There's a large divide in the general public over the use of malaria drug hydroxychloroquine to treat COVID-19, but doctors say that's not necessarily the case in the medical world.


What You Need To Know

  • Hydroxychloroquine, a malaria drug, has become a divisive COVID-19 treatment option

  • President Donald Trump continues to advocate for its use

  • UB doctors say studies don't support hydroxychloroquine as a preventive drug

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"Some people, I think it's become very political," President Trump said during a Tuesday briefing. "I happen to believe in it."

Setting aside the politics, Spectrum News asked two University at Buffalo doctors if hydroxychloroquine was effective in fighting coronavirus.

"It's been probably more researched than any other drug that we've been evaluating for COVID," UB Division of Infectious Disease Chief Dr. Thomas Russo said.

Russo said the medical community was rooting for hydroxychloroquine to work because it's a generic drug, widely available, and can be taken in pill form.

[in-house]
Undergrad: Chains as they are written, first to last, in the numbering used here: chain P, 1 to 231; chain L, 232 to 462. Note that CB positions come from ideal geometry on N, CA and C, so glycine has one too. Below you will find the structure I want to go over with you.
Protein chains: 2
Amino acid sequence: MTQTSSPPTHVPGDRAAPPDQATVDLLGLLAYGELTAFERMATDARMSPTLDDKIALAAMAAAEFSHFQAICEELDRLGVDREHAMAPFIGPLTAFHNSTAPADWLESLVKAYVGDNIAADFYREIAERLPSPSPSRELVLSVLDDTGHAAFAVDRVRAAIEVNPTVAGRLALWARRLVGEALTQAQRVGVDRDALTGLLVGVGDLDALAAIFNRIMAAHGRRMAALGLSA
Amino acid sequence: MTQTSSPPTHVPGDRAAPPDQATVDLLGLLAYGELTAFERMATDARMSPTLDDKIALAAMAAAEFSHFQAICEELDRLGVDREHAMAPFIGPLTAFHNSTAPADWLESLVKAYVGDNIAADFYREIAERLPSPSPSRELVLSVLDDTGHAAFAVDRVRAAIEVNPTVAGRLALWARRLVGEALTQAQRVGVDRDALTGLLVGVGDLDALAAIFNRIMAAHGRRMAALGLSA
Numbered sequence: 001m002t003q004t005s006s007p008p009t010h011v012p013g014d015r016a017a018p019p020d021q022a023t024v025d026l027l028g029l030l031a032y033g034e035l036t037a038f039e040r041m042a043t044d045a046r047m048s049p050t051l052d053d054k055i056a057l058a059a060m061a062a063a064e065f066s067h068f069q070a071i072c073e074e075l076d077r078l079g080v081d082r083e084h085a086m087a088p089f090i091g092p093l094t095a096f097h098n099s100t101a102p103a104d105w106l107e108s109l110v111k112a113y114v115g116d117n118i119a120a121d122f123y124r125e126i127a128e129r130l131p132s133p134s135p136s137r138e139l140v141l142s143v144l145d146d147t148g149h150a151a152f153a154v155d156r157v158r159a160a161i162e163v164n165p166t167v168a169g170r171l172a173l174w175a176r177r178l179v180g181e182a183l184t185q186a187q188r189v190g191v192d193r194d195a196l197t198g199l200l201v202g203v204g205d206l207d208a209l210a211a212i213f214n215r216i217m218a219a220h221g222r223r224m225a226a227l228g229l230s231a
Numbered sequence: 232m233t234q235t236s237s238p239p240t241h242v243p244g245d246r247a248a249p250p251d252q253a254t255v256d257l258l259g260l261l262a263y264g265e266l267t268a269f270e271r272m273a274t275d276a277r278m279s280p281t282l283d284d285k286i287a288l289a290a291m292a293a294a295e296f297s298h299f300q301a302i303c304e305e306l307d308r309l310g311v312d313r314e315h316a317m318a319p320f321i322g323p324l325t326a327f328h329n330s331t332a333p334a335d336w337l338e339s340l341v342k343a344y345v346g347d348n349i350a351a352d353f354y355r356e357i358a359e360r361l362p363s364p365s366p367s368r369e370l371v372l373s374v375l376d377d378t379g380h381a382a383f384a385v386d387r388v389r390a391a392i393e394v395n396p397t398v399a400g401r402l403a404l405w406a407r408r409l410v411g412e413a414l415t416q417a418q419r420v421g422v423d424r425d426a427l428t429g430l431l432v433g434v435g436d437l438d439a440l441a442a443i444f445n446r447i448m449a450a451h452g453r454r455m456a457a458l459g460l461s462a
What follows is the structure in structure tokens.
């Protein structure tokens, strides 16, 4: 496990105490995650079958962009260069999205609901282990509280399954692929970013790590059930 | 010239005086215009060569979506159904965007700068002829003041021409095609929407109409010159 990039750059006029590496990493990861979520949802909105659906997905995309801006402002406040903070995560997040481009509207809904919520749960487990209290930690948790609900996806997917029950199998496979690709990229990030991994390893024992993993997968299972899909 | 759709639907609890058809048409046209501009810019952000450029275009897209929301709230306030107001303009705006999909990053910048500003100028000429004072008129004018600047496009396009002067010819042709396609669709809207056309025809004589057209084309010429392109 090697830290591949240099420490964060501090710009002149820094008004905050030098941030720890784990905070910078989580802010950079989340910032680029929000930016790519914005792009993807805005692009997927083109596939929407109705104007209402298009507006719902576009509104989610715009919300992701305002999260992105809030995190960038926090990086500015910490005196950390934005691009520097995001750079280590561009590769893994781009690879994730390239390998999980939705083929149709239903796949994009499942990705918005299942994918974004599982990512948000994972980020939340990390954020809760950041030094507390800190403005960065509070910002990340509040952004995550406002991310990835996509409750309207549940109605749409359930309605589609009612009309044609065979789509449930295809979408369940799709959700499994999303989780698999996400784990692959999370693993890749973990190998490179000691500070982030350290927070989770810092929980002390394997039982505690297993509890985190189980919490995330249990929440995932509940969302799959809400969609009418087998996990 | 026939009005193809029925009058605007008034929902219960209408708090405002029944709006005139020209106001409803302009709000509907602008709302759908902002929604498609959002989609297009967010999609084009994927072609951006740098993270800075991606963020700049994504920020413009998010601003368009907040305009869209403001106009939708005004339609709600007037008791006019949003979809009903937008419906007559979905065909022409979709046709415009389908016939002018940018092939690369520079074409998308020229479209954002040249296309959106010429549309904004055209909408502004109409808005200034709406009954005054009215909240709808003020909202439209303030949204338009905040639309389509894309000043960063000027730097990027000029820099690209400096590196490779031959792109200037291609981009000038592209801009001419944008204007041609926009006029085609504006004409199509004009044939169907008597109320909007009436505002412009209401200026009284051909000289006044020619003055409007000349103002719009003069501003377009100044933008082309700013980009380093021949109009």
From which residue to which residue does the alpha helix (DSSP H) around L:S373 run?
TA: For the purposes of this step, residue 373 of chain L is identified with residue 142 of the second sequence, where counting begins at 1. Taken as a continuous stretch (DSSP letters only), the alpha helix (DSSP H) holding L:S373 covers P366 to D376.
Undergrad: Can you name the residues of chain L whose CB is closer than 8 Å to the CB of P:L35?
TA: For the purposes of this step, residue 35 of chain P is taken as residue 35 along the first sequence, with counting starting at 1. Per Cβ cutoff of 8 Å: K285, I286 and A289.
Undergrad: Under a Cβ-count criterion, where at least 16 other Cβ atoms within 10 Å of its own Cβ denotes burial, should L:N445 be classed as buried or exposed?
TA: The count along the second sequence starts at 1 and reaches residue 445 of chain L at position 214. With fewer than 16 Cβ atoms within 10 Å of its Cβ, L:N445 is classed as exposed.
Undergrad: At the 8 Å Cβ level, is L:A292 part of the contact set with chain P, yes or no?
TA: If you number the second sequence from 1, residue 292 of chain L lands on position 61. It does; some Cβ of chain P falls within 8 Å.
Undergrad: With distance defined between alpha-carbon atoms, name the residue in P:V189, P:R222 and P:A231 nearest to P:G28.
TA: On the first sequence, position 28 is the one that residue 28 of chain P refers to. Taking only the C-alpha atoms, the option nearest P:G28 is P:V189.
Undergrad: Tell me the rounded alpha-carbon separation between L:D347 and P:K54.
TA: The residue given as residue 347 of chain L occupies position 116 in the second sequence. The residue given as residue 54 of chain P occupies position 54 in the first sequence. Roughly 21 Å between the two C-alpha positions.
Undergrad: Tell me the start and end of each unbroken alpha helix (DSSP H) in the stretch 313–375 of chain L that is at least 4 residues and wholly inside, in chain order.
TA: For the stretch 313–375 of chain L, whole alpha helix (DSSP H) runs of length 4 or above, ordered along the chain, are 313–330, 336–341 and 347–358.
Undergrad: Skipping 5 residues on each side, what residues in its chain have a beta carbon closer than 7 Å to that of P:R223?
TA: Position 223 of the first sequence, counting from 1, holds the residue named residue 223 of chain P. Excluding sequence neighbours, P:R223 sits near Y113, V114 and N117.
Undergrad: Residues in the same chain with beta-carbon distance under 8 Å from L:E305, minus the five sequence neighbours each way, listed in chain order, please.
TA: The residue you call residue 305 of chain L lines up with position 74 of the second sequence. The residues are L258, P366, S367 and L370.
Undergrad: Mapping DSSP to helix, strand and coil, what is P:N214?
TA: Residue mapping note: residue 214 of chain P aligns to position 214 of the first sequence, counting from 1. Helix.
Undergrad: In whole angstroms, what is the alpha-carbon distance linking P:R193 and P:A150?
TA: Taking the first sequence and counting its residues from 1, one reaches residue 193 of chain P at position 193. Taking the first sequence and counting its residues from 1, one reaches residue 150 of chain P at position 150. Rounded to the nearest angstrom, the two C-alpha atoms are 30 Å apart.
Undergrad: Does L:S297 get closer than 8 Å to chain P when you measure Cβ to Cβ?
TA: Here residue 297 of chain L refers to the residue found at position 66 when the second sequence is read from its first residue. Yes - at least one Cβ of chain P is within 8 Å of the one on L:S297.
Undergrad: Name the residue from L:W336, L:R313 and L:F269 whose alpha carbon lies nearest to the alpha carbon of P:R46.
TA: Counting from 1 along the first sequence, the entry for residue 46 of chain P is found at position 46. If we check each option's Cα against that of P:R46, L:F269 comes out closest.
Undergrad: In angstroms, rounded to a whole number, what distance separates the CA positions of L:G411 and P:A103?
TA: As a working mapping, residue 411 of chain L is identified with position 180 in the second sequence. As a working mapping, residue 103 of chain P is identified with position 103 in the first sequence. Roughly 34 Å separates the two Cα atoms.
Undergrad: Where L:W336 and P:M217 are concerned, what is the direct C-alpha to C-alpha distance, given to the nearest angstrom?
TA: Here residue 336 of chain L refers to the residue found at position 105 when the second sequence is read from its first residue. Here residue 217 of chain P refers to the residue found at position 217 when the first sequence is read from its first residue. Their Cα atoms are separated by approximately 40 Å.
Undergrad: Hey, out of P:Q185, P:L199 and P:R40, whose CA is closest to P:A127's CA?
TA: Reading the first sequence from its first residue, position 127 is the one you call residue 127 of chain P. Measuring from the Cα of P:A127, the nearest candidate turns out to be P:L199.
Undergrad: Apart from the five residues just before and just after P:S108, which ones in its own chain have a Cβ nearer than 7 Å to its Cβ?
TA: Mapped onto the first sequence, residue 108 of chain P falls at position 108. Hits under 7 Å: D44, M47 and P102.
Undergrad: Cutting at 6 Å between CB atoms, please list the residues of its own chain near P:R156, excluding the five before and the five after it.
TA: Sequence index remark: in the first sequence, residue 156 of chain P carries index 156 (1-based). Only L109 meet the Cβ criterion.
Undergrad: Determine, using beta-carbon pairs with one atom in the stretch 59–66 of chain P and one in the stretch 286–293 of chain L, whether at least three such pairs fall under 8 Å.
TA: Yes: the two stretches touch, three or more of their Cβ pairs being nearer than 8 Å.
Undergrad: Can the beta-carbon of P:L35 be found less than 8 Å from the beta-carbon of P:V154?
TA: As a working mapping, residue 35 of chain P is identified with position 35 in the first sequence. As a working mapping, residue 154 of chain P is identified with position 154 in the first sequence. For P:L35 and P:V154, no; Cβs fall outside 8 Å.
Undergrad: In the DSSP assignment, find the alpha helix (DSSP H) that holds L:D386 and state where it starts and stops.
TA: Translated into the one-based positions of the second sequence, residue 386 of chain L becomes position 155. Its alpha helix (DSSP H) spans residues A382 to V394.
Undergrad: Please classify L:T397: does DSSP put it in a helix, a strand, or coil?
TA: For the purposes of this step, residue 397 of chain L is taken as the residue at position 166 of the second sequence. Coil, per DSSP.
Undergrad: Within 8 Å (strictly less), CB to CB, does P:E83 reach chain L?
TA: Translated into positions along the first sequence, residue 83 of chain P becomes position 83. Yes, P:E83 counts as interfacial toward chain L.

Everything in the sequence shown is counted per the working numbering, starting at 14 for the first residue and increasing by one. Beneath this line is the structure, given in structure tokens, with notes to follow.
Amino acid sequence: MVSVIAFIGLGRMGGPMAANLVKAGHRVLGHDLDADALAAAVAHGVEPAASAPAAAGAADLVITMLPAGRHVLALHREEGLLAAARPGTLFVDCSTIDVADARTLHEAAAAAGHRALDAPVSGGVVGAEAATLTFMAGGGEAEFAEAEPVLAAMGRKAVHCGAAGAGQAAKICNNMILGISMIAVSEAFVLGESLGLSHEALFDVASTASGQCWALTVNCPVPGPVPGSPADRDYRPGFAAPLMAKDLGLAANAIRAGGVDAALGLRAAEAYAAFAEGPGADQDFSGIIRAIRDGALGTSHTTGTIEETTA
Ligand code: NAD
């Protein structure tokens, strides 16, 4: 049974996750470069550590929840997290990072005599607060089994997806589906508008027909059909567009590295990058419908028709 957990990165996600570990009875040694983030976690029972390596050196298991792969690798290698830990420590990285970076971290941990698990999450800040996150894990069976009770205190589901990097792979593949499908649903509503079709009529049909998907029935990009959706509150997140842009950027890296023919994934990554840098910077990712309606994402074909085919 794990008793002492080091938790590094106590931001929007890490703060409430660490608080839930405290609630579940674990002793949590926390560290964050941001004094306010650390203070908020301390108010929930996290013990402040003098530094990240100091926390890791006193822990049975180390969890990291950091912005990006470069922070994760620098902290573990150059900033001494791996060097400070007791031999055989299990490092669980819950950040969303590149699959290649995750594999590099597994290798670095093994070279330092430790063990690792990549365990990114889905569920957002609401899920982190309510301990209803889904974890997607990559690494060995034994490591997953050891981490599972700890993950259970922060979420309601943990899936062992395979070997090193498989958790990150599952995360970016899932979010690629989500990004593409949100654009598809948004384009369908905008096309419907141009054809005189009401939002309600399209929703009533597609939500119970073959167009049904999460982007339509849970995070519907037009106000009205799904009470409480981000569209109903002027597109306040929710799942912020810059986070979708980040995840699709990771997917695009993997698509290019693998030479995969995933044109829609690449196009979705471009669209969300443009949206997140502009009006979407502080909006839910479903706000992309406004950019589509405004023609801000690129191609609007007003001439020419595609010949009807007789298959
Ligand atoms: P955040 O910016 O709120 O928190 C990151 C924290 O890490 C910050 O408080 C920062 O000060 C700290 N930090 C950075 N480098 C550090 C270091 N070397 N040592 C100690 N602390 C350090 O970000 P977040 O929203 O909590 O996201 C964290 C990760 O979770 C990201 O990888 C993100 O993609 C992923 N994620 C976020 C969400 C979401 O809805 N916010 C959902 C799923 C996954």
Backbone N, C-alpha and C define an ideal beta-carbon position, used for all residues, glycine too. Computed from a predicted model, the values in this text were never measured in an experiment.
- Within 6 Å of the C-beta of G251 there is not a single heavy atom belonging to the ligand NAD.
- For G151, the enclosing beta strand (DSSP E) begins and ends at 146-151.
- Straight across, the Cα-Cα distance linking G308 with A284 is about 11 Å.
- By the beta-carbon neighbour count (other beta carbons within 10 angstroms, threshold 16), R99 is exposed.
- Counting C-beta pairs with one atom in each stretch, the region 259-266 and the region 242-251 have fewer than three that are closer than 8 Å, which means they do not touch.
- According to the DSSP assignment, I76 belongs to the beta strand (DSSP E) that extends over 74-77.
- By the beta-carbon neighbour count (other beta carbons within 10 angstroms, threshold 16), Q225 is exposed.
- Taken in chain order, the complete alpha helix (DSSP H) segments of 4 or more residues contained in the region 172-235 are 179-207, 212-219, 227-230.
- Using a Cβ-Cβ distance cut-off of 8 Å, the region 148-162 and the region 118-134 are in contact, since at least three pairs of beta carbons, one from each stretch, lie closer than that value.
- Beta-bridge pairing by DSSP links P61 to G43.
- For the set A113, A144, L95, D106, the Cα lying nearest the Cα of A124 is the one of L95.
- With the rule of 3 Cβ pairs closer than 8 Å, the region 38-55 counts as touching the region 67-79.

"It held tremendous promise and we were all excited about the possibility that this could really help us in this battle against  COVID. Unfortunately the preponderance of evidence to this date does not support that," he said.

UB Senior Associate Dean for Clinical Affairs Dr. Kevin Gibbons said early on doctors were treating patients with the drug, but they've since learned more and studies that have suggested it does not work have been more scientifically sound than any that suggest the opposite.

"The best evidence we have is that it's not of benefit. Now the good news is although there are side effects to this medication and there is a cardiac risk factor for sudden death from arrhythmias, the incidents of that actually appear to be quite low," Gibbons said.

Russo said the study also doesn't support hydroxychloroquine as a preventive drug. He said people should be cynical of testimonials from doctors or patients they see online.

"Anecdotal and testimonial medicine is medicine of the 50s and 60s," he said. "That is no longer the way we practice medicine."

Gibbons said with a novel disease, scientists will continue to study and learn more and yes, the medical opinion on hydroxychloroquine could change again, but it seems unlikely.

He reiterated it would be "great if it demonstrated safety and efficacy" for coronavirus, but that efficacy appears to be lacking and he would not personally prescribe it to patients.